DISEASES OF THE STOMACH.
In no department of medicine has greater progress been made in recent years than in that dealing with the stomach and bowels and their disorders. One result of this has been the production of huge volumes dealing with the subject at greater length than was formerly deemed needful for the whole of medicine, and the coinage of new words to describe the differ Nat varieties of disease now distinguished from one another. It would be quite useless to the ordinary reader to attempt in such a work as this to give even the briefest summary of the various disorders now described.
But in modern life no class of disease is more common or more on the increase, and there is great need for some general understanding of the subject.
Probably the most generally useful thing to do would be to explain what are the most com mon complaints connected with the stomach and bowels, to indicate how the modern physician proceeds to disentangle the complaint and learn its true character, and what the lines of treat ment are which may be safely followed when a physician is not immediately at hand.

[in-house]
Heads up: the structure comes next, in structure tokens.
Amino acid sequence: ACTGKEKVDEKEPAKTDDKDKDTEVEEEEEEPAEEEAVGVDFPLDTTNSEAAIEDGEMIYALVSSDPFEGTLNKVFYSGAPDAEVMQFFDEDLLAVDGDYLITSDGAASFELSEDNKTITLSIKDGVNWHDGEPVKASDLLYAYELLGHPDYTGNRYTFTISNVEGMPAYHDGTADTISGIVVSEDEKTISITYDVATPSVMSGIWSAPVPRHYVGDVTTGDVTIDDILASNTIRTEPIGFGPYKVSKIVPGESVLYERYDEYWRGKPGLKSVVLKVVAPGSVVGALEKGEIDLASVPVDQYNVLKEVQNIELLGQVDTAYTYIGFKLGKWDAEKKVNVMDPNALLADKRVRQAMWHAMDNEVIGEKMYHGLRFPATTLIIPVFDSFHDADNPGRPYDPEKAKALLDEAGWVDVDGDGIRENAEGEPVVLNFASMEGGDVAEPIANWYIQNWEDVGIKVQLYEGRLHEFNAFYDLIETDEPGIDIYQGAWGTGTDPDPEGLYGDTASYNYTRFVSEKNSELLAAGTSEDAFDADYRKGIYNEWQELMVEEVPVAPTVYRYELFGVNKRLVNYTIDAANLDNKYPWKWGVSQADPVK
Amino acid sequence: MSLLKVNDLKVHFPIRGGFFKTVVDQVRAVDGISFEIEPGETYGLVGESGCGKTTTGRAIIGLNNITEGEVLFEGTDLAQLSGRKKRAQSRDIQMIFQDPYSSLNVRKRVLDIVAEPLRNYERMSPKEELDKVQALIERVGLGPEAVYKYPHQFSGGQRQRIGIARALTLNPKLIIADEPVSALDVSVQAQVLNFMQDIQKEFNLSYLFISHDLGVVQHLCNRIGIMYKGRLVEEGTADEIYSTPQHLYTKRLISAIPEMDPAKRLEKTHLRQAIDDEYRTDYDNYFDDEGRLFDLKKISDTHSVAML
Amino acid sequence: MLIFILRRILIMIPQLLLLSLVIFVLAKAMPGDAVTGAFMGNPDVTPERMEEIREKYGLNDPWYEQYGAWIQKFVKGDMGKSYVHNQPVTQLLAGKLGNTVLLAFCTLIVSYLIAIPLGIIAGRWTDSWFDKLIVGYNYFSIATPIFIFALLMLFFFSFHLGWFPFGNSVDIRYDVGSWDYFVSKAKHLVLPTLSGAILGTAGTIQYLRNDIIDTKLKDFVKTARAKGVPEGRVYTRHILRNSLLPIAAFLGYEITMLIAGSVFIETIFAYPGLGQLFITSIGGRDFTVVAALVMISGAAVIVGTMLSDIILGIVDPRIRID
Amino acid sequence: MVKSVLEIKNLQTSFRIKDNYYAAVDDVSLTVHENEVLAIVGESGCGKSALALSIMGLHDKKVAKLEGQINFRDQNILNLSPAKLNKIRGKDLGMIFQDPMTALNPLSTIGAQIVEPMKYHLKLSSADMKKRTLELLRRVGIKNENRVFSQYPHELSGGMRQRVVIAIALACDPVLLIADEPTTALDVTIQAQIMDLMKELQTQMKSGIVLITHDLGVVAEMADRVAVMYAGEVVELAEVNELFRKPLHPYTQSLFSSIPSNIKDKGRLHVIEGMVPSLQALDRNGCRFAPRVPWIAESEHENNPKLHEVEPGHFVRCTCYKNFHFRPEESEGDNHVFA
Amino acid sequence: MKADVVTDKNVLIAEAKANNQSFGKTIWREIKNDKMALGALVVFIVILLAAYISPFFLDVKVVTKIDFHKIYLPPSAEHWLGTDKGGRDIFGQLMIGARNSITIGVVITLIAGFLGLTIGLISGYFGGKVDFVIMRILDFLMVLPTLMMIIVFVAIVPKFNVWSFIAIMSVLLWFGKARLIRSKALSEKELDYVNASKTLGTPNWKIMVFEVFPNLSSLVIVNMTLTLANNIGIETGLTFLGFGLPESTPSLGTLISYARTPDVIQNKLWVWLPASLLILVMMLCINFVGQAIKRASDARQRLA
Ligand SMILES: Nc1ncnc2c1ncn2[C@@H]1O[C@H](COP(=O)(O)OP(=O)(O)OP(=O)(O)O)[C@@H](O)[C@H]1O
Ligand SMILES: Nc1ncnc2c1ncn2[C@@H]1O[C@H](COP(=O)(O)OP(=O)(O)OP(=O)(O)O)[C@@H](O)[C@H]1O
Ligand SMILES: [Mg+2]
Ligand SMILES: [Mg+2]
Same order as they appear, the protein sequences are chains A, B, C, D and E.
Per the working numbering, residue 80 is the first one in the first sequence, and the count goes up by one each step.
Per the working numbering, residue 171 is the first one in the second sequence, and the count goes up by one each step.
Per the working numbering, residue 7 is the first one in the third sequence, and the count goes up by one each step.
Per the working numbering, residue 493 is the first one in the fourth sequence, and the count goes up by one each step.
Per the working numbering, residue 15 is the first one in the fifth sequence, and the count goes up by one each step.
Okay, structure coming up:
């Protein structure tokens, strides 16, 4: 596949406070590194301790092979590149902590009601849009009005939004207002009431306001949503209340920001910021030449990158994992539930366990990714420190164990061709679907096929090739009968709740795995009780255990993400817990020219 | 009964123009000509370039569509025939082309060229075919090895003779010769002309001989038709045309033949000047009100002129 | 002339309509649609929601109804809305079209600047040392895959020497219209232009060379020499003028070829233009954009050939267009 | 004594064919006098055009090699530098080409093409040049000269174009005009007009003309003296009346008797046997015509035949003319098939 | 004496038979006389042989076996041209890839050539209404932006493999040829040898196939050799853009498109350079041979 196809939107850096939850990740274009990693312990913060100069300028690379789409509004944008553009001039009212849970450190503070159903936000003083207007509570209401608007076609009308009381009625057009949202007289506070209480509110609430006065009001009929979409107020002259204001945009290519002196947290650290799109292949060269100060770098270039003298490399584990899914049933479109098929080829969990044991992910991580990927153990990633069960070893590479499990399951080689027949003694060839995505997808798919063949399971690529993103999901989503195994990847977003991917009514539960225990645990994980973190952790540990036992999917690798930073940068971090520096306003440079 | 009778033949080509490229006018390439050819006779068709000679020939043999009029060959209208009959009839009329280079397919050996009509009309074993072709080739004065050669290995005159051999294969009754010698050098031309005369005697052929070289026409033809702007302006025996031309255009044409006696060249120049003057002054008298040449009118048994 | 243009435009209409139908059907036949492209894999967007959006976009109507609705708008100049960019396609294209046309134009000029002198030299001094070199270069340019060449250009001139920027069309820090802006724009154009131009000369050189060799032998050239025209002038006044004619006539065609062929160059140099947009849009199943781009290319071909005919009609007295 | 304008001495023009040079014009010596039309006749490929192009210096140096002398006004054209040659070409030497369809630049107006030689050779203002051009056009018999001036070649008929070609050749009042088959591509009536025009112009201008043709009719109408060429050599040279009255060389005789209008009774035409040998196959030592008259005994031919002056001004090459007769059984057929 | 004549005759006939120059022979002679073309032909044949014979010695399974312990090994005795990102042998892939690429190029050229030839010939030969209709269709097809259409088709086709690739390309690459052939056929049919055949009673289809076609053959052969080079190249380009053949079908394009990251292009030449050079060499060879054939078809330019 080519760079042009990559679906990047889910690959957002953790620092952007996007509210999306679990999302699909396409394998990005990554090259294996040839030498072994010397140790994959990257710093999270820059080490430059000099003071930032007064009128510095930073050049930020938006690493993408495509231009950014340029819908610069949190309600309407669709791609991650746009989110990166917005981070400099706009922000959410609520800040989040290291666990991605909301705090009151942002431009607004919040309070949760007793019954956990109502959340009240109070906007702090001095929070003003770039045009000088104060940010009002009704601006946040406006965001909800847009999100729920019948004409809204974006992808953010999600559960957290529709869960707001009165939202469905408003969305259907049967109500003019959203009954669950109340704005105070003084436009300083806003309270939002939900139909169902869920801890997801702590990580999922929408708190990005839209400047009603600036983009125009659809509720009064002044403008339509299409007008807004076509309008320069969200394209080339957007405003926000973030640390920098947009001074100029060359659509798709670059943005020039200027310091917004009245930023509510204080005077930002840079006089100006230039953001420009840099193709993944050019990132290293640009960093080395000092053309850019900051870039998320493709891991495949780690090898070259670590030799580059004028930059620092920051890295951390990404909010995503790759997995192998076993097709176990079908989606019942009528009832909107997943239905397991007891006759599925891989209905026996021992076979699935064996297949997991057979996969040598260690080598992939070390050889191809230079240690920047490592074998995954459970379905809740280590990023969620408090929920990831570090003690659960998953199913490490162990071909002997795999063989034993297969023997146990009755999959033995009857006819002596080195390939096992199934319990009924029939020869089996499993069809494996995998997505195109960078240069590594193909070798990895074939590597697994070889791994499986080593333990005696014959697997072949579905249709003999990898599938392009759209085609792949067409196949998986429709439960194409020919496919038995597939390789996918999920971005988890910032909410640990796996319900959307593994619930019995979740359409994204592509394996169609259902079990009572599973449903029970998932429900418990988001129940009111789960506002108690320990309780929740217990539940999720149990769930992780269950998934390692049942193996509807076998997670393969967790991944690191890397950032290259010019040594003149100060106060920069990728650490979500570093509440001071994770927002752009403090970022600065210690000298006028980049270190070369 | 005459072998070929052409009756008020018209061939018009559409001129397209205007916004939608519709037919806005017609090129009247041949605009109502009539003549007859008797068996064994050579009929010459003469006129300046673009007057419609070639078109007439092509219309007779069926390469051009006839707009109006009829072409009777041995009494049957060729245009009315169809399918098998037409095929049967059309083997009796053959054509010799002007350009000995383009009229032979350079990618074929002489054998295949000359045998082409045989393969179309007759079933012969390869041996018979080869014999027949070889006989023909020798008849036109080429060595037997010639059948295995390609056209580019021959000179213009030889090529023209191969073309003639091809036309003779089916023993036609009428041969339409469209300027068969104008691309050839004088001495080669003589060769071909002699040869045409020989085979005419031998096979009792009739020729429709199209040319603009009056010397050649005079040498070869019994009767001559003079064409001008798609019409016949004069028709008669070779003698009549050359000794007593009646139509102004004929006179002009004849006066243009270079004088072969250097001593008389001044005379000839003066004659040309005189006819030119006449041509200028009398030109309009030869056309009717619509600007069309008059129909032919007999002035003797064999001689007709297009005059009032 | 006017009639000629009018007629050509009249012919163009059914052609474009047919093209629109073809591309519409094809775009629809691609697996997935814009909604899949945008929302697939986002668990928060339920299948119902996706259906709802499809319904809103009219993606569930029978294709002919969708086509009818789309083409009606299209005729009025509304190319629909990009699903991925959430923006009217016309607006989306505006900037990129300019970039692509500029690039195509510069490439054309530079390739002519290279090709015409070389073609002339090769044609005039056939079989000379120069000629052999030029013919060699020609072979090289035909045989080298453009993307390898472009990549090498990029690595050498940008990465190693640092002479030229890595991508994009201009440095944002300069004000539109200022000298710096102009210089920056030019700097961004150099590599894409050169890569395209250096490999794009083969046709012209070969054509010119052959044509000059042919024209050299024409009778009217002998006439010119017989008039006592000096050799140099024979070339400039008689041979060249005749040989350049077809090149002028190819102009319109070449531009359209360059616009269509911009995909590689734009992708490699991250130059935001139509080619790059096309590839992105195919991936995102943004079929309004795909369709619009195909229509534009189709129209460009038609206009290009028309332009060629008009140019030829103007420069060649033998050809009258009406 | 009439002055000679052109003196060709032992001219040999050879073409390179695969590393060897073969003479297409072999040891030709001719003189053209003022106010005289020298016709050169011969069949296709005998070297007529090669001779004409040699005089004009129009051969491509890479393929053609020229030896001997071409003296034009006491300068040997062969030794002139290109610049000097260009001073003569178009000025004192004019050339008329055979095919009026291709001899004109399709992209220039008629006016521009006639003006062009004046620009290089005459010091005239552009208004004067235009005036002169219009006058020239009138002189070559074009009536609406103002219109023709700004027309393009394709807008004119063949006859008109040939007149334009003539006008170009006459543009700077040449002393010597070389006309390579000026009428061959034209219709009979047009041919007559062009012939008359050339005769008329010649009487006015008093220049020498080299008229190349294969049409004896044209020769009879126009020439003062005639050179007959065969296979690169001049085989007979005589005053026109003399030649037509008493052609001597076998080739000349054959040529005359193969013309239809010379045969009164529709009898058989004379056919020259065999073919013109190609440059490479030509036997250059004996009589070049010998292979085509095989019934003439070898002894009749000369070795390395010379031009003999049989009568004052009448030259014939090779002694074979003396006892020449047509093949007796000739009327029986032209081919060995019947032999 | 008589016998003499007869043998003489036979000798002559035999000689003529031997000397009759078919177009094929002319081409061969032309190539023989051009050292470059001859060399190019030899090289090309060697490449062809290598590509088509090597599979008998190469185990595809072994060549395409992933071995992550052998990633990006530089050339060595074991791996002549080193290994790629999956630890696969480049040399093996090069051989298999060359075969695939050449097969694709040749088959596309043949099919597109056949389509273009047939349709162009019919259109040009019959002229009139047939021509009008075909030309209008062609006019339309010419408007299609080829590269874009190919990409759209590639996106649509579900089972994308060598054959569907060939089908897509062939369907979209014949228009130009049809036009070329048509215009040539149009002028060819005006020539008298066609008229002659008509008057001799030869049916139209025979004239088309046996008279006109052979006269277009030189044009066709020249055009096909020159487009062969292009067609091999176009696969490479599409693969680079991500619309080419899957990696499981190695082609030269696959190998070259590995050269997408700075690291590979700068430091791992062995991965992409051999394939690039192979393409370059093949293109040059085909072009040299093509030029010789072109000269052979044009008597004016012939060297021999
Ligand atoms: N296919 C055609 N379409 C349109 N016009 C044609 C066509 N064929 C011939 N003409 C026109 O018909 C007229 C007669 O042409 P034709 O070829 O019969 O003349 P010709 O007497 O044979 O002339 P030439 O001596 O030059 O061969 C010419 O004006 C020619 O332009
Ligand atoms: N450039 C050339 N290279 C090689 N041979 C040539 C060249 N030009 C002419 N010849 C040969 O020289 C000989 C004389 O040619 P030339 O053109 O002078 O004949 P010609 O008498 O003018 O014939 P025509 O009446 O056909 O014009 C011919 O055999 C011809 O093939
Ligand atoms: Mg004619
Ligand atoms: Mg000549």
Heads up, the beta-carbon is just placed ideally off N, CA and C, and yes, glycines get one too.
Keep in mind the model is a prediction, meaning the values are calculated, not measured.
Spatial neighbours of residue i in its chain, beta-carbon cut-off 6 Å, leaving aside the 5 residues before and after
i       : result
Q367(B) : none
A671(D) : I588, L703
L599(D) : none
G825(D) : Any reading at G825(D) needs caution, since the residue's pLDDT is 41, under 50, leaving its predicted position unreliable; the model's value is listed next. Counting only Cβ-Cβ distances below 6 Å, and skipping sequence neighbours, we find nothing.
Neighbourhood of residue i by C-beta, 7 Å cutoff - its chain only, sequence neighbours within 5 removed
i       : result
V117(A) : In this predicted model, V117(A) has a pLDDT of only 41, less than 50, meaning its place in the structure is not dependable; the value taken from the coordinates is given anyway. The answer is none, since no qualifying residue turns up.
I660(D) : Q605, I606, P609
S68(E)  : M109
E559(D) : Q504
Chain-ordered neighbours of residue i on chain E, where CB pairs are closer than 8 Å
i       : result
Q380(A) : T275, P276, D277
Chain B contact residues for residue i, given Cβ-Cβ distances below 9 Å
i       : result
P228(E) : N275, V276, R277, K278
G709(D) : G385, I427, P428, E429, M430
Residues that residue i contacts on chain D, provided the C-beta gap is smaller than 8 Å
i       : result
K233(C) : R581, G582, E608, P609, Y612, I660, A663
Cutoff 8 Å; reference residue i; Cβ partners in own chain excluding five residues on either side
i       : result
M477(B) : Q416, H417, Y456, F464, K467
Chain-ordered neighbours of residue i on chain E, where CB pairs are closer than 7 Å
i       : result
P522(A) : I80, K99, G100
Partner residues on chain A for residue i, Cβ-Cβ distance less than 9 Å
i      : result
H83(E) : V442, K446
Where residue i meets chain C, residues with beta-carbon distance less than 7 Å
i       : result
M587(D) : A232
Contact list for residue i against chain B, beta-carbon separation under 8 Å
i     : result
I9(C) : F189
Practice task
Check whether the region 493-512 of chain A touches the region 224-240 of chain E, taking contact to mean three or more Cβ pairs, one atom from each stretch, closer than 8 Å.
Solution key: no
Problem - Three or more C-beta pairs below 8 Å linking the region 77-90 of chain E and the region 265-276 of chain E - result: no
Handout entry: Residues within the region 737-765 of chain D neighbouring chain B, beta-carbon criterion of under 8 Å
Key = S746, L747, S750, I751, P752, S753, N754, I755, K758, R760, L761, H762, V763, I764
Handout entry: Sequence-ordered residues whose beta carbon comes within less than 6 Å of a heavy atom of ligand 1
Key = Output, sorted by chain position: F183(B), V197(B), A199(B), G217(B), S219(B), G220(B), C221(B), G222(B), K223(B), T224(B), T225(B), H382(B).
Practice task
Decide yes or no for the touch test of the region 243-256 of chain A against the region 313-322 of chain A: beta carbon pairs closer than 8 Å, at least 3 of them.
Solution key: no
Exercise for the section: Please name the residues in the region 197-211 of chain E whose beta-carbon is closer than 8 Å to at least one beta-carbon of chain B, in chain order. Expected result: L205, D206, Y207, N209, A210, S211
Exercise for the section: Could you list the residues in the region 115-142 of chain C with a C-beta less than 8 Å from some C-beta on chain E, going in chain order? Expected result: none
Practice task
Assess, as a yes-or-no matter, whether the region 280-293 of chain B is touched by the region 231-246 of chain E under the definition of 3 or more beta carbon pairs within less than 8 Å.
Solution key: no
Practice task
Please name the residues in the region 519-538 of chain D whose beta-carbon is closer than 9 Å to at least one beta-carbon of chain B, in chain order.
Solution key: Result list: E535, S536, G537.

The complaints which, in the main, are as sociated in the public mind with disorder of stomach and bowels are some form or another of what is called indigestion or dyspepsia, con stipation, and diarrhaet. Indigestion is usually referred to the stomach, constipation and diar rhua to the bowels, so we shall associate what we have to say generally about stomach dis orders with the word indigestion, and what we have to say about bowel disorders with the latter two disturbances, and, to simplify matters as far as possible, we shall discuss the disorders of stomach and bowels separately, though, as we shall see, they cannot often be separated in fact.